Lisa Zenzen Baker, 1961-2003


Sunday, April 19, 2009

Coffey's close encounter

The imagined danger
was closer than he knew

If it’s Wednesday, this must be Amtrak

For someone who so causally tramples on other people, attorney Steve Coffey leads a remarkably visible life.

His home address – on New Scotland Road in Slingerlands—is listed in the phone book. And most weeks, he literally broadcasts his whereabouts as he spends time promoting himself on radio broadcasts from the Amtrak station in Rensselaer.

And now he has been in the news for almost three weeks during the murder trial of Warren Powell, with his presence in the courthouse known to anyone with a newspaper, a TV or a computer.

This is a man who claimed in legal papers that I am “driven by paranoia” and alleged (in a letter to me) that I had carried out “assaults” on him and his office. Later (in a letter to the Committee on Professional Standards that he thought I would never see), he accused me of making repeated phone calls to his office during which I angrily demanded attention to my case.

There were no such phone calls. Not one. Just as there was no police misconduct in the case he just tried.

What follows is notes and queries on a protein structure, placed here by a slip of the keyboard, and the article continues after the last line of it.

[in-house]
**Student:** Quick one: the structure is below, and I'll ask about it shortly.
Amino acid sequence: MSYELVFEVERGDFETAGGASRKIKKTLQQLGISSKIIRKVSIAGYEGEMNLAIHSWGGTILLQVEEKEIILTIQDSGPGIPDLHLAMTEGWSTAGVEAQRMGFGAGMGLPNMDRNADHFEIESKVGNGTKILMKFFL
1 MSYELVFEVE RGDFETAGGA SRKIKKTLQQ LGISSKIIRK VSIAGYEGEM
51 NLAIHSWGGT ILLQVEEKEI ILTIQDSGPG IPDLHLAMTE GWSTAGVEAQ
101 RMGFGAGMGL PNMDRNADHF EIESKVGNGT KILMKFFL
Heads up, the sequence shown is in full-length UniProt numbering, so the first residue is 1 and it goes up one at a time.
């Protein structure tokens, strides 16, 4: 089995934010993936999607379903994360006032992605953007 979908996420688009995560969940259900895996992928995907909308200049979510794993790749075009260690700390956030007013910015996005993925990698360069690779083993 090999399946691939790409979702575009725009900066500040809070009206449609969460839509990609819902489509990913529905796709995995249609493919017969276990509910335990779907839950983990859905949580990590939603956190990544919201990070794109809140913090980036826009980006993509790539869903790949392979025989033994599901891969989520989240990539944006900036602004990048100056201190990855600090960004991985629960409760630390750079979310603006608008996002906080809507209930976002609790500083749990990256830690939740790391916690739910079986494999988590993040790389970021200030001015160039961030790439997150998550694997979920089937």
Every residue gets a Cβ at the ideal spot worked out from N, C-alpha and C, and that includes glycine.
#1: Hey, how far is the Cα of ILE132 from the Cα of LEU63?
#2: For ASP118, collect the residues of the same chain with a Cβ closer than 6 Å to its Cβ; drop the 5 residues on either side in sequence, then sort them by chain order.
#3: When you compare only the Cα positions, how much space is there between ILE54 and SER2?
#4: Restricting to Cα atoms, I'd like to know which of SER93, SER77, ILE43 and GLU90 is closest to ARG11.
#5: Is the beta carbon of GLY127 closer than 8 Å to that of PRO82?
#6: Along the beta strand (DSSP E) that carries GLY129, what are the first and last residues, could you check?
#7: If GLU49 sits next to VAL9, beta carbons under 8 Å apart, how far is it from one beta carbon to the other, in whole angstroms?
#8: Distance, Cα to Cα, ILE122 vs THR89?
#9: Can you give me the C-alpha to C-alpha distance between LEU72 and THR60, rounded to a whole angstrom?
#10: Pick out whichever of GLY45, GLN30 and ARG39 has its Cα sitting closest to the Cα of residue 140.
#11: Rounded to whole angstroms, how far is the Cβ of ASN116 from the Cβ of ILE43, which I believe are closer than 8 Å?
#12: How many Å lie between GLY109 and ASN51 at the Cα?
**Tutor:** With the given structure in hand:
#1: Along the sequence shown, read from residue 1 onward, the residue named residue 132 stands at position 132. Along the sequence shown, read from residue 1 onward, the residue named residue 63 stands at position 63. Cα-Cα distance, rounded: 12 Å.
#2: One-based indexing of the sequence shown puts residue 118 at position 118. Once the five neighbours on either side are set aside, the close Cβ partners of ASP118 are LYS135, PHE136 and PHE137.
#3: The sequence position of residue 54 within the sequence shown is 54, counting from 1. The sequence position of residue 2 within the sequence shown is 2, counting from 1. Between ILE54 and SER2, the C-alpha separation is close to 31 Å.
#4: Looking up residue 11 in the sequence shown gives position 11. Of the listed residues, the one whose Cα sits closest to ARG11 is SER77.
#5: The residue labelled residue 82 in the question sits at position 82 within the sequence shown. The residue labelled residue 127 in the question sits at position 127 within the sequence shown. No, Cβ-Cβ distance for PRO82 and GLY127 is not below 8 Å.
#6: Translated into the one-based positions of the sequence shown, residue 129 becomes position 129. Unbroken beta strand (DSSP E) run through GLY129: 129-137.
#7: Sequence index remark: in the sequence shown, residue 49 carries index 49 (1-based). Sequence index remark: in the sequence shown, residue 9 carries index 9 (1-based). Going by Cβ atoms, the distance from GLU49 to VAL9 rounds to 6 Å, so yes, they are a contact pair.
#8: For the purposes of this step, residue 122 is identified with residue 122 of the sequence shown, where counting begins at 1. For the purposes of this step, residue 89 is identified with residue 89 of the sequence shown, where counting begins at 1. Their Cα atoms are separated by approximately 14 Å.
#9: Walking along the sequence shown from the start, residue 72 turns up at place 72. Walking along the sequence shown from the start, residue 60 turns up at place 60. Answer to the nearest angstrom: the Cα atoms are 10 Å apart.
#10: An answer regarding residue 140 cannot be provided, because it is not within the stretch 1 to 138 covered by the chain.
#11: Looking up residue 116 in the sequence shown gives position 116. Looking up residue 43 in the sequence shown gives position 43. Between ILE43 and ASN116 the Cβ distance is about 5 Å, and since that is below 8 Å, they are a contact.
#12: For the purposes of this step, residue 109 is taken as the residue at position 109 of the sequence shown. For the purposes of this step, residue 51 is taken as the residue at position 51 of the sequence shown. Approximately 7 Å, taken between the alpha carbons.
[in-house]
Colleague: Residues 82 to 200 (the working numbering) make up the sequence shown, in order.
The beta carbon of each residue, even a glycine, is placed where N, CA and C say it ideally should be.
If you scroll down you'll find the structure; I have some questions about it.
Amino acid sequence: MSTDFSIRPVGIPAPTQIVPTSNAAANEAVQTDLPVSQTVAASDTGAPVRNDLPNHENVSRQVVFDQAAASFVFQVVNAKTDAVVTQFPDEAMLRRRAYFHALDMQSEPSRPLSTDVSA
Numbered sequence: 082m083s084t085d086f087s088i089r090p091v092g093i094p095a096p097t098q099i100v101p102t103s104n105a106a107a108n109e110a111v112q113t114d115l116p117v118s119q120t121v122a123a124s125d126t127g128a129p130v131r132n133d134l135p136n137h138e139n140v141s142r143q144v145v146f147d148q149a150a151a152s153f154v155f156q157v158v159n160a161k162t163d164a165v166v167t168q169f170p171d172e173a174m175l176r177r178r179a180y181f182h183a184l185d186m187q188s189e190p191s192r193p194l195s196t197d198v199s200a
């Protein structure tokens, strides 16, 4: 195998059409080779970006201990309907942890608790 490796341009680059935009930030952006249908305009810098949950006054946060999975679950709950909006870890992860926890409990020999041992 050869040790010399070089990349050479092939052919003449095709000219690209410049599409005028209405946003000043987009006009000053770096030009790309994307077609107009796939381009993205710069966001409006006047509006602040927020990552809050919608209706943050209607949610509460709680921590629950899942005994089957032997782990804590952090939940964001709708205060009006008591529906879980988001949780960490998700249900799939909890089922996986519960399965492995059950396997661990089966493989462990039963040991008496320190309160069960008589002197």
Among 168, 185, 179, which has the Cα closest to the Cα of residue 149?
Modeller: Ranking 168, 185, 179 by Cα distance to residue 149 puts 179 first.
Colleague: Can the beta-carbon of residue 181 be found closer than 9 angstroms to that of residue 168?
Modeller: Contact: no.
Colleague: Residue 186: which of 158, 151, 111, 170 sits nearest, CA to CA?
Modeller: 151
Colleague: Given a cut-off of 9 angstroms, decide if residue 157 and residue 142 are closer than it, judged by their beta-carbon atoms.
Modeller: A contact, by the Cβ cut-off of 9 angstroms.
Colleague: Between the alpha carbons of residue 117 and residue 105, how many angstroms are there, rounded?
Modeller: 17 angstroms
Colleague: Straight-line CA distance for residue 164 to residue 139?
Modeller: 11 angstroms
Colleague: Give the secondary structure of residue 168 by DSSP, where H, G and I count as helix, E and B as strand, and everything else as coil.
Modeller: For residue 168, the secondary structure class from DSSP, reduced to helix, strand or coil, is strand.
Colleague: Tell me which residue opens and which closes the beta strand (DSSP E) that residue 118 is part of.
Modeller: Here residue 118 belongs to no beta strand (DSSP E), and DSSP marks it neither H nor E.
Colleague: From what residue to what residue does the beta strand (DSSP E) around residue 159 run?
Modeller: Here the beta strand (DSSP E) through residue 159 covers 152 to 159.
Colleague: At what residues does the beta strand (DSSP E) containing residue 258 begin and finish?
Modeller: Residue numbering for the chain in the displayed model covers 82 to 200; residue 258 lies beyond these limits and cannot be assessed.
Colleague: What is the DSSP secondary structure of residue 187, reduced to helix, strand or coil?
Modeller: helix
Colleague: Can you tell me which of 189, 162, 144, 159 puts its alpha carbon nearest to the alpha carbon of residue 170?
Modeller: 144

So look who’s calling me crazy.

But until he reads this post, he will have had no idea how close he was last week to the person he has claimed is unstable.

During a break in the Warren Powell trial Thursday morning, I left the courtroom and went to a bathroom next to the main stairs. The small room was empty when I walked in but a few seconds later, with my back to the door, I heard but did not see someone else enter and go into a stall. Then I turned to use a washbasin next to the door and as I did the other person came up behind me to also use the basin.

It was Coffey.

For about 30 seconds we stood side by side, both of us taking paper towels from two the dispensers in the small space. Then, without speaking, I left and went quickly back to my seat in the courtroom, wondering if Coffey might have recognized me and would make yet another false accusation.

But as the case continued he glanced around the courtroom several times without showing a flicker of recognition, not even a ‘where have I seen that person before’ expression. It was soon apparent that he did not know who I was.

When the court recessed for lunch, I asked a photographer if there was somewhere close by to get something to eat. He suggested a place called Cascades, just a block away. But as I approached the restaurant I saw Coffey and two other people with him going in.

I crossed to the other side of Warren Street and found another place to eat.

– David Baker